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I am making an AI for my checkers game and I'm trying to make it as hard as possible. Here is the current criteria for a move on the hardest difficulty:

1: Look For A Block: This is when a piece is being threatened and another piece can be moved in behind it to protect it. Here is an example:

Black Moves
|W| |W| |W| |W| |
| |W| |W| |W| |W|
|W| | | |W| |W| |
| | | |W| | | | |
| | | | |B| | | |
| |B| | | |B| |B|
|B| |B| |B| |B| |
| |B| |B| |B| |B|

White Blocks
|W| |W| |W| |W| |
| |W| | | |W| |W|
|W| |W| |W| |W| |
| | | |W| | | | |
| | | | |B| | | |
| |B| | | |B| |B|
|B| |B| |B| |B| |
| |B| |B| |B| |B|

2: Move pieces out of danger: if any piece is being threatened, and a piece cannot block for that piece, then it will attempt to move out of the way. If the piece cannot move out of the way without still being in danger, the computer ignores the piece.

3: If the computer player owns any kings, it will attempt to 'hunt down' enemy pieces on the board, if no moves can be made that won't in danger the king or any other pieces, the computer ignores this rule.

4: Any piece that is owned by the computer that is in column 1 or 6 will attempt to go to a side. When a piece is in column 0 or 7, it is in a very strategic position because it cannot get captured while it is in either of these columns

5: It makes an educated random move, the move will not indanger the piece that is moving or any piece that is on the board.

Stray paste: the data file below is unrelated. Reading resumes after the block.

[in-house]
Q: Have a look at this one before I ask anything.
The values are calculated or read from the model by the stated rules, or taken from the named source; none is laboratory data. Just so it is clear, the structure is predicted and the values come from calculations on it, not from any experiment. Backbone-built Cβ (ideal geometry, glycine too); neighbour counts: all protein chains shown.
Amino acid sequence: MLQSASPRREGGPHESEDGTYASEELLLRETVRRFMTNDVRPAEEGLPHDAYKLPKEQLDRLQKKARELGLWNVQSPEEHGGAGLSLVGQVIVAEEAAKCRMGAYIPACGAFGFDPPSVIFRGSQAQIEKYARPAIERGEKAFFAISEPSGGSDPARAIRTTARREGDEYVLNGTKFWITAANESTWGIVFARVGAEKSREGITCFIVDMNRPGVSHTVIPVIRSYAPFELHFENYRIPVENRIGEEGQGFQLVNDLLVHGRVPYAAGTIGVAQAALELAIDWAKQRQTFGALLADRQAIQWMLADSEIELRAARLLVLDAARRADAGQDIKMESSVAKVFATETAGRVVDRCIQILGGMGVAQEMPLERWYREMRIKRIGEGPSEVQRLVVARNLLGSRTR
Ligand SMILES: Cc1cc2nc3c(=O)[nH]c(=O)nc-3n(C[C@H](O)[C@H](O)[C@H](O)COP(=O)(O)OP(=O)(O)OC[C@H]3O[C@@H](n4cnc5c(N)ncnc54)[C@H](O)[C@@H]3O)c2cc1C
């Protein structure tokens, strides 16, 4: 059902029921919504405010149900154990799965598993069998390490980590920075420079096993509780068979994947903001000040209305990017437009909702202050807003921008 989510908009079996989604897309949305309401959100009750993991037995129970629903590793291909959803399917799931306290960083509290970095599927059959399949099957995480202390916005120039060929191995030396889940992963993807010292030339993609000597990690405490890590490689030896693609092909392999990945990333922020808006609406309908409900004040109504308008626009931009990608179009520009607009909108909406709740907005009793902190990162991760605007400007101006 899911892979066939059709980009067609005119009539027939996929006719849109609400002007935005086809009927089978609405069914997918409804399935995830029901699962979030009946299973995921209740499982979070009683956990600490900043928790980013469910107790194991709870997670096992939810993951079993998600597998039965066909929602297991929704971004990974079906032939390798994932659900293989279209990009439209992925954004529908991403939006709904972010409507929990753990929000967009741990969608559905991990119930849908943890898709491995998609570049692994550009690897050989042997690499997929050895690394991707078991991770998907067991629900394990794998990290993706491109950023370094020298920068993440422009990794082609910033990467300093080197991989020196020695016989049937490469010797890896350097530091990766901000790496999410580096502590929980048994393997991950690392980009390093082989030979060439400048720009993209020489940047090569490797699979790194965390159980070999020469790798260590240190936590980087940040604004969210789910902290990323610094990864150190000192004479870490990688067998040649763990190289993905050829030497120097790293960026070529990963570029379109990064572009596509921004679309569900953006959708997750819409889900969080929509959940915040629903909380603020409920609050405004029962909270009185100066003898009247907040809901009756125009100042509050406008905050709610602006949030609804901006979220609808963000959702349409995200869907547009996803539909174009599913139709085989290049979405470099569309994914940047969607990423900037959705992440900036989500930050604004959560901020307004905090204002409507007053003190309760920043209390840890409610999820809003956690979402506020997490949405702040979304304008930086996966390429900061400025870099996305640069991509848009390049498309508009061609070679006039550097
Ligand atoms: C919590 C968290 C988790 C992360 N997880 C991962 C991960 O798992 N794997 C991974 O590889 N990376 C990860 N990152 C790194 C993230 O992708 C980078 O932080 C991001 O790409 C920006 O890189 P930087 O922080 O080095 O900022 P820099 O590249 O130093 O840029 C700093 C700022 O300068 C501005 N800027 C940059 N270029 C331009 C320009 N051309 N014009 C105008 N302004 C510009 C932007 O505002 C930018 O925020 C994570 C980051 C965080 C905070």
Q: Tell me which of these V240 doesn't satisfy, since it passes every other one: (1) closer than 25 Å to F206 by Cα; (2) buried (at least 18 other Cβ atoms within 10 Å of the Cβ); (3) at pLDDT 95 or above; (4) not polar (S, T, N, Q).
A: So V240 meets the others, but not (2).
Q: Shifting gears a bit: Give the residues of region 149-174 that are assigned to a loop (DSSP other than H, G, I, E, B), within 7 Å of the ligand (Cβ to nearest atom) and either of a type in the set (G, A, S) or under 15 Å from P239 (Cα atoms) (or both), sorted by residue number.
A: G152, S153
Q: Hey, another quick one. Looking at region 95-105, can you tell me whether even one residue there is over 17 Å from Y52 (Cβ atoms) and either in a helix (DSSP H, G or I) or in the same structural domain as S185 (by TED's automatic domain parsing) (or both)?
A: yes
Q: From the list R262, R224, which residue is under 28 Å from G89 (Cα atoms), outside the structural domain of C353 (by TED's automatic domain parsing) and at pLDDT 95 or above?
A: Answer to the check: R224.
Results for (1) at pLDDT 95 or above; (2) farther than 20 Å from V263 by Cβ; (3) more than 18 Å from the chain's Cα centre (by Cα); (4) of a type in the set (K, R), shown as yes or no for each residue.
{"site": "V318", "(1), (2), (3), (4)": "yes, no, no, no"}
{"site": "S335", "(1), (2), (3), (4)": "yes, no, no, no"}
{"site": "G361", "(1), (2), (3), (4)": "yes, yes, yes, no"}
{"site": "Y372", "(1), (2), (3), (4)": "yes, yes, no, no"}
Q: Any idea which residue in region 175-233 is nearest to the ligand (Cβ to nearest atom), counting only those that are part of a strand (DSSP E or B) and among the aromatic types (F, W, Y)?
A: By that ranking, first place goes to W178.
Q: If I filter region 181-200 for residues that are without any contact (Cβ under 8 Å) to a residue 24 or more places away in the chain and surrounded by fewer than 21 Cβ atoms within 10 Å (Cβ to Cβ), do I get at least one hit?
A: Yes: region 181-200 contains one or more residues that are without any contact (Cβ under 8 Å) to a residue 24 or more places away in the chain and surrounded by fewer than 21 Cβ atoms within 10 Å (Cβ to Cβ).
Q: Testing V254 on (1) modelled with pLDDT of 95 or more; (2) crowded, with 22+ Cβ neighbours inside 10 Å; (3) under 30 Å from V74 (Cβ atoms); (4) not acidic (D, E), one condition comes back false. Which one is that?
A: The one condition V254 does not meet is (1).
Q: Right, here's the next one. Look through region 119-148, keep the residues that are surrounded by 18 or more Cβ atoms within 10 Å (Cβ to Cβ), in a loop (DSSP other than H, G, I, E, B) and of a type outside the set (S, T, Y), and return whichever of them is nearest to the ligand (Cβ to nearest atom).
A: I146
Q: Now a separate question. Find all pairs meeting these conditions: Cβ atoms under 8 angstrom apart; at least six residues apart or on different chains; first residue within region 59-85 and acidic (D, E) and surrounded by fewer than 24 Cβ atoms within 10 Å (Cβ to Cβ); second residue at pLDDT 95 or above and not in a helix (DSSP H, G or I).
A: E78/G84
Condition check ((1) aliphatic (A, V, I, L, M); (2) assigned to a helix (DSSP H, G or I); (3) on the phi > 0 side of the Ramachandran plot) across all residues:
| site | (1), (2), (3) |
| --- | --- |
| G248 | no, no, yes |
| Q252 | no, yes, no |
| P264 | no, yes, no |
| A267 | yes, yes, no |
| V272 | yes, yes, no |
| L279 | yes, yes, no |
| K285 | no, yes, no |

6: If none of the above are possible it makes a random move.


This question is not really specific to any language but if all examples could be in Java that would be great, considering this app is written in android. Does anyone see any room for improvement in this algorithm? Anything that would make it better at playing checkers?

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(On a Checkers-specific note, IIRC being on the edge isn't necessarily the advantage you make it out to be; such pieces have no mobility, since they only have one move available, and are easier to trap and capture.) –  Steven Stadnicki Jun 3 '12 at 19:11
1  
Just in case you weren't aware checkers is a solved game, and if played perfectly the result is always a draw. chessbase.com/newsdetail.asp?newsid=3997 –  Adam Jun 4 '12 at 12:01
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1 Answer

up vote 7 down vote accepted

If you're trying to make a good AI for your checkers program, then the first place to look is what's known as Alpha-Beta game tree search. The short version is that any AI that only takes into account static features of the current position is bound to run into trouble, especially in the early-to-mid game, because it simply can't understand what's presently happening in the game and what the threats are. Instead, what you want to do is to write an algorithm that searches all possible moves-and-replies for some number of moves ahead (5 to 10 would be typical), evaluates the position at the end of each branch of this move-and-reply tree (in terms of 'how many pieces ahead or behind am I?), and then makes the move that gives it the best chance - in other words, the move that maximizes its possible value, where the possible value is calculated as the minimum possible value across all of your opponent's replies (assuming, in other words, that they'll make the move that's best for them), etc. - this is why this algorithm is often called the Minimax algorithm.